What prevents a perfectly competitive firm to lower the product price and capture the entire market?
Two points describe why a firm in a perfectly competitive market cannot lower the product price:
(i) A firm would not want to reduce the price when it is able to sell all its output at a higher price.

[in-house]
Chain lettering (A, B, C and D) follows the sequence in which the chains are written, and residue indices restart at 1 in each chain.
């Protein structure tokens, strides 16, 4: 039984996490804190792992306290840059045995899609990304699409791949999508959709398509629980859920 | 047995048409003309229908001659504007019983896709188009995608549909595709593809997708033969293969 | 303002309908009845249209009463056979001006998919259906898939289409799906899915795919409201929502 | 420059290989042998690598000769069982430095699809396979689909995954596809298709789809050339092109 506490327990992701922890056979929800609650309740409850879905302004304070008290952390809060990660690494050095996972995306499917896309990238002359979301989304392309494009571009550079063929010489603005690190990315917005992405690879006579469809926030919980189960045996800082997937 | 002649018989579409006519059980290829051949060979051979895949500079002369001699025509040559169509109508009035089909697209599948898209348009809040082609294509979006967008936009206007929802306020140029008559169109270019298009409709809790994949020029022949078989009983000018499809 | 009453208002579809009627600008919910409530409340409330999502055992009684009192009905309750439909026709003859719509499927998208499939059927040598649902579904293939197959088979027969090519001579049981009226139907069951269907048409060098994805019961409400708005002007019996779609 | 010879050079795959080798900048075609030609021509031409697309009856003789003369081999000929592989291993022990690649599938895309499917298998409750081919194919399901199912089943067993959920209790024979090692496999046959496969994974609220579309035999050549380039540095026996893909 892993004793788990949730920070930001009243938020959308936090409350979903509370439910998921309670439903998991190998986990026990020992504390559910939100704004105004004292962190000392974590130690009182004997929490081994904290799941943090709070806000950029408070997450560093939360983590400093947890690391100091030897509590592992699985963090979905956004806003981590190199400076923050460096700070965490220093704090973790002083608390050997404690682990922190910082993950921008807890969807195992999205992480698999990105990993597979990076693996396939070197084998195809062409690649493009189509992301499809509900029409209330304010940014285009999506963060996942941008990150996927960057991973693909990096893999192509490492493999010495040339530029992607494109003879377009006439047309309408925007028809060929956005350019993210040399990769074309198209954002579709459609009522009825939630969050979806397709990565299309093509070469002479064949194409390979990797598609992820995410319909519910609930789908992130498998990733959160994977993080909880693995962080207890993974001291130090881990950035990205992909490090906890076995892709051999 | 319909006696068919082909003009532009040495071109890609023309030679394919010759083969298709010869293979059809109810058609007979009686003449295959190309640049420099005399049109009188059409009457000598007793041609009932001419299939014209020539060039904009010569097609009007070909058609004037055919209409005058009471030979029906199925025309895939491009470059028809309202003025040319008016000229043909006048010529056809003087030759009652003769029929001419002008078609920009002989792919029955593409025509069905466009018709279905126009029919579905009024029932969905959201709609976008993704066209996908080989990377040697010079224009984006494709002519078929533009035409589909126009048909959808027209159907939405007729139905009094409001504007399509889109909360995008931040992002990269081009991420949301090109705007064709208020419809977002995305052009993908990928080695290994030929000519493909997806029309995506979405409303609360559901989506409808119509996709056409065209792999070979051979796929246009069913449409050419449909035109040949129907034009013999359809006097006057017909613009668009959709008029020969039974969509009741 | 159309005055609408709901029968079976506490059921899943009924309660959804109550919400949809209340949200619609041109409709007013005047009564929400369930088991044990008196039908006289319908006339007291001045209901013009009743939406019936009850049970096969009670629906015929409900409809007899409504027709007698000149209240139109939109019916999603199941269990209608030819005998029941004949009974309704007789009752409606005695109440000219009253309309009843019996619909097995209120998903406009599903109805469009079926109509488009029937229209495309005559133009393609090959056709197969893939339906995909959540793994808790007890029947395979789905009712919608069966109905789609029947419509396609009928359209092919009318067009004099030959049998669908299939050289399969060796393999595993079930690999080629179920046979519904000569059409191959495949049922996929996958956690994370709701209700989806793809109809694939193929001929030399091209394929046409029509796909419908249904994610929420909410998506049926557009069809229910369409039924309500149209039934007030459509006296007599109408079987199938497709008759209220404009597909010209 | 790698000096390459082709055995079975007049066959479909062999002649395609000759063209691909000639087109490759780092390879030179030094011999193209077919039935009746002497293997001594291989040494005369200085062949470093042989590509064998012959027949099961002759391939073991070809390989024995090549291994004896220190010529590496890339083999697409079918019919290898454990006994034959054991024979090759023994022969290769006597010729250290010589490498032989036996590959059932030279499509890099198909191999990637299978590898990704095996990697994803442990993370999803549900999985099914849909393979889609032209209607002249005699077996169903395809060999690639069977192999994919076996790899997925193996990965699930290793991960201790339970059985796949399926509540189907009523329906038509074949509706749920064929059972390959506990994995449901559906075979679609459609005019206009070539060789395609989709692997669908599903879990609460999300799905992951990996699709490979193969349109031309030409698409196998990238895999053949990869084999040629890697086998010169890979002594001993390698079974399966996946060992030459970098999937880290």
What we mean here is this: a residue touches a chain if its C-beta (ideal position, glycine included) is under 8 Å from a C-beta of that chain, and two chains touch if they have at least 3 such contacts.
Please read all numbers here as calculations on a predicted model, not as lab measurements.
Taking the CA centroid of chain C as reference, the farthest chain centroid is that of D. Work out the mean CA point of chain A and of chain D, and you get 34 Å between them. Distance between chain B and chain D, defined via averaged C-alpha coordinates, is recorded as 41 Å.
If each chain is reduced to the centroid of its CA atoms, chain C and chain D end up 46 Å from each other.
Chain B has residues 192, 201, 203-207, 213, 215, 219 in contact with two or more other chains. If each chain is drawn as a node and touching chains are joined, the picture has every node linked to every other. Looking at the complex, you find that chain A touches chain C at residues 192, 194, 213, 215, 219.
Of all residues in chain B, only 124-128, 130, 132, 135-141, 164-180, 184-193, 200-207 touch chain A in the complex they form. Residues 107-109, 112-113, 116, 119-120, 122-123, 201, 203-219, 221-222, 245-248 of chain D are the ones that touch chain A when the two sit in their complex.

(ii) Under perfect competition, there is a large number of buyers and sellers of a product. Each firm produces only a small fraction of the total market supply. It has limited production capacity. Now, if an individual firm lowers the price, all buyers in the market will rush to this firm for supplies of the product. But, by definition, the firm is so small that it cannot produce enough for all the buyers in the market. Hence, the possibility of capturing the entire market by lowering the price is ruled out.